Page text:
Unlike the microcapsule self-healing approach, the healing agents in a vascular network self-healing system are not stored in capsules. The healing agents in a biomimetic vascular network [38] are stored in microchannels that resemble blood vessels in the human body. This vascular network self-healing approach was first demonstrated by C. Dry [23][24]. The basic working principle behind vascular network self-healing is illustrated in Figure 4.
    Figure 4. (a) Vascular network embedded in polymer composite matrix, (b) a cut is made (blue region), and (c) monomers from microchannel leak into the matrix [39].
    Polymeric microchannels and a catalyst are embedded in the matrix. The monomer is then forced to infiltrate into the microchannel. Once the microchannel is damaged by crack propagation, the monomer leaks into the matrix and comes into contact with the surrounding catalyst [40]. As a result, polymerization occurs and fills the crack. Hence, self-healing takes place.
    Based on the way in which microchannels are embedded into the matrix, the vascular network self-healing system can be categorized into one-dimensional, two-dimensional, and three-dimensional. A one-dimensional vascular network system means that the polymer composite matrix consists of one-dimensional pipelines (Figure 5a). Both the resin and hardener are encapsulated in two different one-dimensional pipelines. Two-dimensional and three-dimensional vascular network systems have interconnected microvascular structures with both resin and hardener pipelines flowing in two dimensions (Figure 5b) and three dimensions (Figure 5c). With two- and three-dimensional microvascular structures, multiple healing cycles are made possible, as there is a constant flow of healing agents.
    Figure 5. (a) One-dimensional vascular network system, (b) two-dimensional vascular network system, and (c) three-dimensional vascular network system [28].
    However, the ability of this vascular network to achieve multiple healing cycles is largely dependent on the architecture of the network [41]. As healing agents leak out from the pipeline, thrombosis of the network tends to occur. This blocks any further flow of healing agent from the pipeline to the damage site. Hence, the self-healing capability is hindered. To design a better network architecture for the enhancement of self-healing, recent studies have been tapping into additive manufacturing (AM) techniques [42][43]. AM methods such as 3D printing have been employed to produce sacrificial scaffolds to template the healing system.

    2.2. Intrinsic Mechanisms

    Intrinsic mechanisms are defined as self-healing processes that take place without the need for a healing agent or catalyst. These mechanisms are based on the inherent reversibility of the chemical bonds present in the polymeric matrix, which can be rearranged [28][39]. Intrinsic mechanisms are further divided into physical interaction and chemical interaction. With physical interaction, there is molecular interdiffusion. With chemical interaction, there is dynamic bonding.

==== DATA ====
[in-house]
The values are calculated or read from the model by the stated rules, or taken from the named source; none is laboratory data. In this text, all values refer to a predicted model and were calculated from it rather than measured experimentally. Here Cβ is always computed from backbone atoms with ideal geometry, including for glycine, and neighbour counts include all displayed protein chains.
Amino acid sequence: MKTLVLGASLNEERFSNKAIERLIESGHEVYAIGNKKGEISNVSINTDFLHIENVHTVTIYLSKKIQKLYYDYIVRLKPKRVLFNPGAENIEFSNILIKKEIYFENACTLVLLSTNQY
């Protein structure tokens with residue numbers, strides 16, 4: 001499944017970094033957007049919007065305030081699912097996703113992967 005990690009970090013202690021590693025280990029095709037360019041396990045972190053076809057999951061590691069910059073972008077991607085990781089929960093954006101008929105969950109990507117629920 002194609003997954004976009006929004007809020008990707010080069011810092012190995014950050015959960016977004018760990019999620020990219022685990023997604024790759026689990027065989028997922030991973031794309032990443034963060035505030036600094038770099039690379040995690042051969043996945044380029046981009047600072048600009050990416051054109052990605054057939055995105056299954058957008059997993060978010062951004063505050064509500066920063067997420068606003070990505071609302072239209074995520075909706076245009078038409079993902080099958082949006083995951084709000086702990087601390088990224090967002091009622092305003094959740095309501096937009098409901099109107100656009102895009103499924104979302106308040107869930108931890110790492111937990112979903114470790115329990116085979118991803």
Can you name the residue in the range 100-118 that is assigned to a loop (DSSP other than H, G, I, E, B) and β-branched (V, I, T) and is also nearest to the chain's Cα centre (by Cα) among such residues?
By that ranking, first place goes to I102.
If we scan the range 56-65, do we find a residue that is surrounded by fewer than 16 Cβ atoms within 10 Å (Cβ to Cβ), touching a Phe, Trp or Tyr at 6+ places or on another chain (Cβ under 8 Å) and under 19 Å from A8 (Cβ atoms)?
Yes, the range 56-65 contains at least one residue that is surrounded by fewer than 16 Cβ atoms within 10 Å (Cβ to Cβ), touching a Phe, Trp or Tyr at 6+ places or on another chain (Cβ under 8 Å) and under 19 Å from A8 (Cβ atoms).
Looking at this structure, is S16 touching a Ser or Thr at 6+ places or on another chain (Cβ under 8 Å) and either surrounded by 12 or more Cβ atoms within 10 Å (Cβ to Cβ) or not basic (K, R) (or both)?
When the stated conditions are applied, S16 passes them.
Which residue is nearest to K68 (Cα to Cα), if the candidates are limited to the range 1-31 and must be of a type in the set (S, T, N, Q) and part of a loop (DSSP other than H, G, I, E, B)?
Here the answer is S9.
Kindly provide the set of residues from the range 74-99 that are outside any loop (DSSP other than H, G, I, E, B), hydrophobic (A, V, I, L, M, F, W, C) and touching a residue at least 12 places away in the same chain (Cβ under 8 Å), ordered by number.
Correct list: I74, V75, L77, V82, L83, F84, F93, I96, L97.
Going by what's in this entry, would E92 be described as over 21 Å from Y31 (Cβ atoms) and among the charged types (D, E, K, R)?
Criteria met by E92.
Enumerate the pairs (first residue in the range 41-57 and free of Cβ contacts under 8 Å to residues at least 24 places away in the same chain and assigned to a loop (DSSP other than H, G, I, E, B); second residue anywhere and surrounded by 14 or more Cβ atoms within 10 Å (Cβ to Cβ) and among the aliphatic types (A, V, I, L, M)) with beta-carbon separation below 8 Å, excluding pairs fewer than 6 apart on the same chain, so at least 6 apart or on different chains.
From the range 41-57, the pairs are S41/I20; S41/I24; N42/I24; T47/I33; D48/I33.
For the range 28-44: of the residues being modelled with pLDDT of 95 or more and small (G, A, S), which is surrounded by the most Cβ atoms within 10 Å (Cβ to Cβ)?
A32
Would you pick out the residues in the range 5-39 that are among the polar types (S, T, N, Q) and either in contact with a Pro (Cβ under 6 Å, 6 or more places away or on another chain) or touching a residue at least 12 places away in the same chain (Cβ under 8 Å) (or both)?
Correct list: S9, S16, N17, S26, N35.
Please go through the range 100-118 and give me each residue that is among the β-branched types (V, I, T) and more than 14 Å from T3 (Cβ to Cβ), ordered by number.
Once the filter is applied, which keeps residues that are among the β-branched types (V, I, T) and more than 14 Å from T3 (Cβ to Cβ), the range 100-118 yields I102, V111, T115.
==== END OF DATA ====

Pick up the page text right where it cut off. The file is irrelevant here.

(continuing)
2.2.1. Physical Interaction

    The phenomenon of molecular interdiffusion was first discovered when two pieces of the same polymer were brought together at temperatures above their glass transition temperatures [44]. The interfaces between the two pieces disappear, and the mechanical strength at the interface increases [44][45]. As a result, extensive research was conducted around the 1980s [25][46][47]. In particular, the Wool and O’Connor model [25] to explain the process of crack healing was more widespread. In the 1990s, research in this area slowed down [44]. The crack-healing process consists of five stages, as summarized in Table 1.
    Table 1. Explanation of the five stages of crack healing and their importance [48][49].
    Surface rearrangement is the first step for self-healing to take place via physical interaction. Self-healing needs to take place for crack healing to occur. When the fractured surface is in contact with the healing agent, its surface topography will change with time, temperature, and pressure. This occurs due to the diffusion of chain-end distributions. The chain end can be designed accordingly to increase the efficiency of crack healing [49]. For instance, lower-surface-tension parts are applied with chain ends, and low-molecular-weight species can allow faster diffusion of chain ends from the bulk to the surface for reaction with the healing agent to heal the crack. However, oxidation and cross-linking can chemically react, disrupting diffusion kinetics. This could prevent self-healing and eventually prevent crack healing [16].
    The second step is surface approach. Surface approach is the most essential step in self-healing. Surface approach must occur for self-healing [42]. The fractured surfaces have to be either brought together or surrounded by the healing agent. After the fractured surfaces approach each other, they have to wet each other to form an interface between them. The concept of wetting and the spreading of fluid was explored by Brochard [50]. As some fluids are better at wetting than others, the wettability of surfaces can determine the efficiency of self-healing [49]. The wetting stage ensures that the material has high enough chain mobility to promote diffusion in Stage 4 [42]. In a case in which the fractured surfaces have undergone chemical reactions such as oxidation, the fractured surfaces will no longer be wettable by fluid and hence will disrupt the process of self-healing.